Awake in the canals

 Unable to sleep, a view from an Amsterdam houseboat in the quiet hours of the night.

Unable to sleep, a view from an Amsterdam houseboat in the quiet hours of the night.

 
 A spray of color along the Old World passages that circle Amsterdam's city center.

A spray of color along the Old World passages that circle Amsterdam's city center.

AMSTERDAM — For four days I got to live on a houseboat in a canal in the Netherlands. I was six hours removed from my native timezone, tucked away in one where I barely slept, opting instead to stare dreamily out my bedroom window by night as passing boats rippled the water in a vain attempt to lull me into another place.

There's a saying in that tiny country (though from whom it originated I don't know) that, "God created the earth, but the Dutch created the Netherlands." It makes sense taking into consideration the human ingenuity it took to forge a country below sea level and behind seawalls. It also applies to the area of my research. What better place on earth to foster the idea of an environmentally-friendly meat, grown without animals, as a means of making a more efficient food system?

But I'm already familiar with the story of Willem van Eelen. It was the daughter of the late-van Eelen with whom I sought to meet on this trip, along with a handful of entrepreneurial spirits who are working hard to make cell-cultured meat a reality.

My journey took me deep into the city center, to its north, and also to the south of the country, where in a small town the treaty was signed that officially formed the European Union in 1992. 

The trip was invaluable, and I'm increasingly excited to share what I'm learning about this very particular corned of the food space, and the people who inhabit it.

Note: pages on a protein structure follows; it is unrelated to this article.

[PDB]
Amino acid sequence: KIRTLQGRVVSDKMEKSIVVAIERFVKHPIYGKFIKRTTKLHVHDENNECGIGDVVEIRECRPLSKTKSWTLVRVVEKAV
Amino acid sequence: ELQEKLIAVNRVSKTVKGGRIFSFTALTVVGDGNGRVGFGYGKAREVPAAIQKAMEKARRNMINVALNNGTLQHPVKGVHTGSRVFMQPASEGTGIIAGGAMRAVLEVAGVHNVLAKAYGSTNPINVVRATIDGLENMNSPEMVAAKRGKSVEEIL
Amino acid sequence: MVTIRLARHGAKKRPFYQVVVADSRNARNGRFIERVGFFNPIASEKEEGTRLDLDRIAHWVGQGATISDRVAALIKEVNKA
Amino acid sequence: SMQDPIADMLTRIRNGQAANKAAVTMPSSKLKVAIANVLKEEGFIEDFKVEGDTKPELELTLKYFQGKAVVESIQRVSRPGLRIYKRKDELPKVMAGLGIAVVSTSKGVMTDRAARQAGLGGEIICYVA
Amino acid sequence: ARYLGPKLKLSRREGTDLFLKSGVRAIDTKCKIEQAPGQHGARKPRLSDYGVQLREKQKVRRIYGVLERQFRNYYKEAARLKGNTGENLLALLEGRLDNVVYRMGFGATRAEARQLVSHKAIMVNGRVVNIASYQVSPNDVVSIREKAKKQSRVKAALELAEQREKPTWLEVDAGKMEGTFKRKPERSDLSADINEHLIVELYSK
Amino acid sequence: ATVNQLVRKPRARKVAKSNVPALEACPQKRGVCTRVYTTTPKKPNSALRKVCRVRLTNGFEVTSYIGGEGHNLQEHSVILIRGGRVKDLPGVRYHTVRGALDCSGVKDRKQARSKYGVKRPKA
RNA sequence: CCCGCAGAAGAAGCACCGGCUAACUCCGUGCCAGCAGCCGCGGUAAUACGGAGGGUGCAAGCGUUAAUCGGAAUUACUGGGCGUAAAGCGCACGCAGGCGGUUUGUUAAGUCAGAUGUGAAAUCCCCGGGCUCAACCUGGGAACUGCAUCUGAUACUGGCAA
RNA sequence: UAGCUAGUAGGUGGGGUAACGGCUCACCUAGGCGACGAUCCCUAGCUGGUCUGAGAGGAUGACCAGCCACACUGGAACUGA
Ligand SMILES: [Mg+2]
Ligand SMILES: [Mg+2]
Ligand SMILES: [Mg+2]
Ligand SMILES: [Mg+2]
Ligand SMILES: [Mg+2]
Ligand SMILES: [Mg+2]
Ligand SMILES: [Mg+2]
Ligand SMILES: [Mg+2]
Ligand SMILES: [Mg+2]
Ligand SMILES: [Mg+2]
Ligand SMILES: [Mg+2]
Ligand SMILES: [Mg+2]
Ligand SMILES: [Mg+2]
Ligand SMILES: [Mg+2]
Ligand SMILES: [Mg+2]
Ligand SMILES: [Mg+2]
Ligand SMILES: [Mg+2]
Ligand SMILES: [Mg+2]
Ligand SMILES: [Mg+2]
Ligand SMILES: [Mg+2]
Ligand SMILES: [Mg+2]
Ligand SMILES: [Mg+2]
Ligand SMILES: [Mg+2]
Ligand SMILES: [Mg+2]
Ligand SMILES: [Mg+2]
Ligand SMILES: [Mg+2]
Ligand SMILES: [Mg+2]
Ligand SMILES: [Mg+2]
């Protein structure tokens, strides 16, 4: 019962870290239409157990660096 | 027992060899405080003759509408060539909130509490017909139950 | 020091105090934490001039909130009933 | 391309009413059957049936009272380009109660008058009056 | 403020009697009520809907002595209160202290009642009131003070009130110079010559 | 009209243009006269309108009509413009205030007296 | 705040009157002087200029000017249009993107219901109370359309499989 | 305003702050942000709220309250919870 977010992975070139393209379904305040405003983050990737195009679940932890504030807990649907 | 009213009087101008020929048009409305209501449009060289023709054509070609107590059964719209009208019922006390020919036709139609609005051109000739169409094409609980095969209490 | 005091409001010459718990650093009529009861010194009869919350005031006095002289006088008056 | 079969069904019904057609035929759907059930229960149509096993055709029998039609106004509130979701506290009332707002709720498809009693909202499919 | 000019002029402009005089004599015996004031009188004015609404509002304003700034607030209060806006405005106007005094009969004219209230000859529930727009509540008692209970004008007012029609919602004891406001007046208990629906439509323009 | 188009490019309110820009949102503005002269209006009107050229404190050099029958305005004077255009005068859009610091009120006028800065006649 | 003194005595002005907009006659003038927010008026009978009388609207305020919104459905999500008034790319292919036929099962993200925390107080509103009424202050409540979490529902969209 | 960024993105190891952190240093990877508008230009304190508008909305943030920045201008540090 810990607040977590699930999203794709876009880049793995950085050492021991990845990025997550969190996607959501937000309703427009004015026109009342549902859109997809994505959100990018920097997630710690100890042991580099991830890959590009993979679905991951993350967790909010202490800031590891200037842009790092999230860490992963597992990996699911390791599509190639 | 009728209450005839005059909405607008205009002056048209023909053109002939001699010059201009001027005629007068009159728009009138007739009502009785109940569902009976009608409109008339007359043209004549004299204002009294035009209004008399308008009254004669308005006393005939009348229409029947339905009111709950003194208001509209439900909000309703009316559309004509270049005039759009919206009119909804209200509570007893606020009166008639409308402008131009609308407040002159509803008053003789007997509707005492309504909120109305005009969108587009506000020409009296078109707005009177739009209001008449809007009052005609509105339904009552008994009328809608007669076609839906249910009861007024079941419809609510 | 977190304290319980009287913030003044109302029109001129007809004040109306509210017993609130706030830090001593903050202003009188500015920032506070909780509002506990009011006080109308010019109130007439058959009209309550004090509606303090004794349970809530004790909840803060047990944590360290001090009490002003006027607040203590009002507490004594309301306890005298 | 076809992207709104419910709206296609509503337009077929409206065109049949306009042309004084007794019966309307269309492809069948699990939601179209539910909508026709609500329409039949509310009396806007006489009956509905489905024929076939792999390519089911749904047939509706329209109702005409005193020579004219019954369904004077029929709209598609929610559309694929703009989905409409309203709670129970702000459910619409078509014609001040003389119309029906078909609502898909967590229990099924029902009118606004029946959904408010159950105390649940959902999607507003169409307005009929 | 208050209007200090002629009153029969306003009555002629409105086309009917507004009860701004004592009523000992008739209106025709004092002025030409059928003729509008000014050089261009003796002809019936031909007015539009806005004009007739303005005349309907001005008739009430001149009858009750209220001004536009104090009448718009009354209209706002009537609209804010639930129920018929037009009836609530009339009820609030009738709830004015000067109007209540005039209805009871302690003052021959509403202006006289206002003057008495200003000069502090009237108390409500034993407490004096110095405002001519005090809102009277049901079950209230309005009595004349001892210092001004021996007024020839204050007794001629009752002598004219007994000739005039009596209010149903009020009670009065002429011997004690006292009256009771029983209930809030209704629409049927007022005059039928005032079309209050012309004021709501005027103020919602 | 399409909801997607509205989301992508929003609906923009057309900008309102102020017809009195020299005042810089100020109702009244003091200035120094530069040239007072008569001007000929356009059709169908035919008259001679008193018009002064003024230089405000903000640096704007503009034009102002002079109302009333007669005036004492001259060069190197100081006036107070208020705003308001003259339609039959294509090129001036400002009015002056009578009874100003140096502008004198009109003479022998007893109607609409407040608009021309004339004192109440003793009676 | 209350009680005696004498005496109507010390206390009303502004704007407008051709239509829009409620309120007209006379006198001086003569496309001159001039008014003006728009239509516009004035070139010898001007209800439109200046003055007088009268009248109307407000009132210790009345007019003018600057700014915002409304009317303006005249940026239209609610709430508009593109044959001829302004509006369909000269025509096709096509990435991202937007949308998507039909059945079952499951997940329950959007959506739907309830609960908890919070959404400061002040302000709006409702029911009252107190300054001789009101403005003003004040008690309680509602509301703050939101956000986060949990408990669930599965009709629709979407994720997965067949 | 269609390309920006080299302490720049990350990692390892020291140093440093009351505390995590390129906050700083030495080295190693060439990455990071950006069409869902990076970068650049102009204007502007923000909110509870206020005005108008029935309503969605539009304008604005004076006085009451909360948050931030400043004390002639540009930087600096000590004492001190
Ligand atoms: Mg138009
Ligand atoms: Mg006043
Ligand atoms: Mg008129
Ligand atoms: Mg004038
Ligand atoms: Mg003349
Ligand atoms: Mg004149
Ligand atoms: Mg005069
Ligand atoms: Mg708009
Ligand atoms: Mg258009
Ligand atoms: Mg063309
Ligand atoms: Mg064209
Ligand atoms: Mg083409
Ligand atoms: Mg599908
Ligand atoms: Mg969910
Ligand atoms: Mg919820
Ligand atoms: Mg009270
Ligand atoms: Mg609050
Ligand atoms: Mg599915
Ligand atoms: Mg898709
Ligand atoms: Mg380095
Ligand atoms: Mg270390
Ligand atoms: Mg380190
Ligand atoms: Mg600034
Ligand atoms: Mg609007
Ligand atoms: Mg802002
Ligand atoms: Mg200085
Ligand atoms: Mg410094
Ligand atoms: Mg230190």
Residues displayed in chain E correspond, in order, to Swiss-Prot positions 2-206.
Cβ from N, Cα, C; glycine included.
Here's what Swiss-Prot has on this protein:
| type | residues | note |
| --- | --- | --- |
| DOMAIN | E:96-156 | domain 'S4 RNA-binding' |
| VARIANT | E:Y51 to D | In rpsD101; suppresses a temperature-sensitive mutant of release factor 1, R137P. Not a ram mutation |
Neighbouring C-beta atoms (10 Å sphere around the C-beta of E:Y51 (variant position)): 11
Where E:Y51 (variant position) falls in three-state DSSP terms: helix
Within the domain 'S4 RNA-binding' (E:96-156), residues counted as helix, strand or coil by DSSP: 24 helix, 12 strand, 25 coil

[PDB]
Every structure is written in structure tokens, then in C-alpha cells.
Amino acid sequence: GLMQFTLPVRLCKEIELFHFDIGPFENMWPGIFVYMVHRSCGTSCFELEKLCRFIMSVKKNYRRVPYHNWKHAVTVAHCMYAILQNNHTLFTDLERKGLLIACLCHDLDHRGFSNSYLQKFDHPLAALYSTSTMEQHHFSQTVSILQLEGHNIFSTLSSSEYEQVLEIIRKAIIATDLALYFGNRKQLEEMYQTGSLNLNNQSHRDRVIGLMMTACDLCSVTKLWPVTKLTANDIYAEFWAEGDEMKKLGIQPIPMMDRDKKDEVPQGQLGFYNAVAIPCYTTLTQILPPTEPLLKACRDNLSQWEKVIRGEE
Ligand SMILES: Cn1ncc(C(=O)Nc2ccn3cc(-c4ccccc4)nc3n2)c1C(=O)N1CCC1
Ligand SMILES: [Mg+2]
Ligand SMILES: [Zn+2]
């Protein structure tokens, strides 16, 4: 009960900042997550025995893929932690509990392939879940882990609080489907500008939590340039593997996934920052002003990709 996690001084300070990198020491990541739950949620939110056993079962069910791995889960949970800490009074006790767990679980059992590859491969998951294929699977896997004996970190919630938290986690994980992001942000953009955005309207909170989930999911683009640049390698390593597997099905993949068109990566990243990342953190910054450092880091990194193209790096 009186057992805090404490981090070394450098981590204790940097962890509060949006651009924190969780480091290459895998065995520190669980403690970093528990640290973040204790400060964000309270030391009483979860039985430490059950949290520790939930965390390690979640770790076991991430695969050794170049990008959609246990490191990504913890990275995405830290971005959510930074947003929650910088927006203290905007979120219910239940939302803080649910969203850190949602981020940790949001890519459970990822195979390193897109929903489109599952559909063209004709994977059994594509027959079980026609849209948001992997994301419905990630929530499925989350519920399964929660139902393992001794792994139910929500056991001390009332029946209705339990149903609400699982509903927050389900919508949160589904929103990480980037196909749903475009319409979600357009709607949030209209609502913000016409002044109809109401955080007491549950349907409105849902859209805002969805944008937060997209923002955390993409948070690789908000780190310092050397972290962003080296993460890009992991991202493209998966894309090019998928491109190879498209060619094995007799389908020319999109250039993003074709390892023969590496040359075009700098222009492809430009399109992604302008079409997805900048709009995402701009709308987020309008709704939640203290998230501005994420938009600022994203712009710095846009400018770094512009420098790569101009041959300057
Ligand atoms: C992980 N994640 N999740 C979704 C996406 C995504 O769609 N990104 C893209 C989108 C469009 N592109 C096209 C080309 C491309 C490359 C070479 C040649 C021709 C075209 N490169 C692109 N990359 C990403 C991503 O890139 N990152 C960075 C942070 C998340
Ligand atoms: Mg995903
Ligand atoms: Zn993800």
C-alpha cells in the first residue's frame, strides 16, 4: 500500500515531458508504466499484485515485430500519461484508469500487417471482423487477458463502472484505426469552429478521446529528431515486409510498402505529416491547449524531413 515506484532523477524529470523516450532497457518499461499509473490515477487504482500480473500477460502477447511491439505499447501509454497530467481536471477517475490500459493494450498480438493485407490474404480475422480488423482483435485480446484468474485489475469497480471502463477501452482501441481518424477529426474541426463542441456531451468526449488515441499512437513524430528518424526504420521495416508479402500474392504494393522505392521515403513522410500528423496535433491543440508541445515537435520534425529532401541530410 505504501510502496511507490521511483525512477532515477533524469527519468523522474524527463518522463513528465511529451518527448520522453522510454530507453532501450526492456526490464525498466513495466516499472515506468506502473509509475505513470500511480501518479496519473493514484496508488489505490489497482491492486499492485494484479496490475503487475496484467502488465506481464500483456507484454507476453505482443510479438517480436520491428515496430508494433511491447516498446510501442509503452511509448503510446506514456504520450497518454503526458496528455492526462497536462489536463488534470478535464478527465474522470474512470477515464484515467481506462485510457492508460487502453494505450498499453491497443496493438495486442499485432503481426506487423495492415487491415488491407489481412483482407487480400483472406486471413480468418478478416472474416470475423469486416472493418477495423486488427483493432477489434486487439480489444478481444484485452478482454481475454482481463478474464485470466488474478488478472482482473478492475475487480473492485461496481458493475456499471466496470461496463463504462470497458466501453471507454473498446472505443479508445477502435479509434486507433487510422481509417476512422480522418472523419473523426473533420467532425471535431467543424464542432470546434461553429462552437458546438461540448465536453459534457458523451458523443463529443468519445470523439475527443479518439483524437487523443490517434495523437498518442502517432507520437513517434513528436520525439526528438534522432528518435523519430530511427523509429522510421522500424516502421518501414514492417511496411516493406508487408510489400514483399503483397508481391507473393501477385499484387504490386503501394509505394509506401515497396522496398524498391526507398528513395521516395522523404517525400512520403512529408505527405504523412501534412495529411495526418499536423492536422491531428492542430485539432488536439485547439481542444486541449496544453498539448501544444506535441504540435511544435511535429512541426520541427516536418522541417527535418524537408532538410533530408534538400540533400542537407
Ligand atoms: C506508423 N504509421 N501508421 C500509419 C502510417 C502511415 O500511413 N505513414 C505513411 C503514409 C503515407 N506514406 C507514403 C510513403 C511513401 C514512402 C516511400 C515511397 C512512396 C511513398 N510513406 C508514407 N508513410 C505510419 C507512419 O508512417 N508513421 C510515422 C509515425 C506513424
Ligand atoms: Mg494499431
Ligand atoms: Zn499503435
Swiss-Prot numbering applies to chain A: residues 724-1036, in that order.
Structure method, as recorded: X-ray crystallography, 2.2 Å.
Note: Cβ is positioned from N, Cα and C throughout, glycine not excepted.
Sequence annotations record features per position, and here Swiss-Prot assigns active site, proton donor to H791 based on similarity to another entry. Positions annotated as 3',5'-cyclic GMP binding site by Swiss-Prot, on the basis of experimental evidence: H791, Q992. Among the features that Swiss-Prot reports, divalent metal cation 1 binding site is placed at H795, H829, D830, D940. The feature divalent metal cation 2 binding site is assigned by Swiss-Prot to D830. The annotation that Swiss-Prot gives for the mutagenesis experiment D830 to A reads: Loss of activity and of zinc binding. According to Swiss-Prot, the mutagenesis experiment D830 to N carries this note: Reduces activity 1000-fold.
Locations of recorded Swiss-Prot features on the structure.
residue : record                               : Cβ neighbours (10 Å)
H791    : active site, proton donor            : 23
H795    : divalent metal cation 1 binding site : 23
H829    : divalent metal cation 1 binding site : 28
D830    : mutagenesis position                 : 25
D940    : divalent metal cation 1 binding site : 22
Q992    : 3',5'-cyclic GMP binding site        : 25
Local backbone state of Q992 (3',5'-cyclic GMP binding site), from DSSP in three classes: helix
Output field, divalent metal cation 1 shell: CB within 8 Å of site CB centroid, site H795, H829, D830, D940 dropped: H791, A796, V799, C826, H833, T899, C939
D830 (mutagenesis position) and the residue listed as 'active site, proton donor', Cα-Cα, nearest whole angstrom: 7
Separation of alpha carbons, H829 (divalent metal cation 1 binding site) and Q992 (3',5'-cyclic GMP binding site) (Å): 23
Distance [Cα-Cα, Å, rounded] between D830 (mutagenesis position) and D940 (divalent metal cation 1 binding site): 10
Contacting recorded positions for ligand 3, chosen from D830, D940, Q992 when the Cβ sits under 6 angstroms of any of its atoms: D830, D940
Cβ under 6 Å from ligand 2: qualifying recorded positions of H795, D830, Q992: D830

UPDATE: In the previous post I'd mentioned the issue of so-called 'clean meat' being kosher. The conversation around that topic is evolving. My latest on the subject in Quartz.

 

 

When high-tech meat collides with Leviticus.

NEW YORK — The more I explore the concept of clean meat, the more I grow curious about what happens when new food technologies collide with established culinary culture. Most recently, this curiosity took me down a religious rabbit hole. 

What happens when Silicon Valley startups start brushing up against millennia-old religious rules over what's kosher and halal? It's an important question to ask, especially considering more than 1.6 billion people in the world today are Muslim (about 16 million are Jewish).  And these are sizable markets, worth more than $1.6 trillion. 

I discovered that religious scholars in both major religions are questioning this new technology, though no consensus has been formed. The thing is, with the first clean meat product anticipated to hit the commercial market sometime this year, the pressure is one to figure out whether true believers will be able to incorporate this high-tech meat into their diets.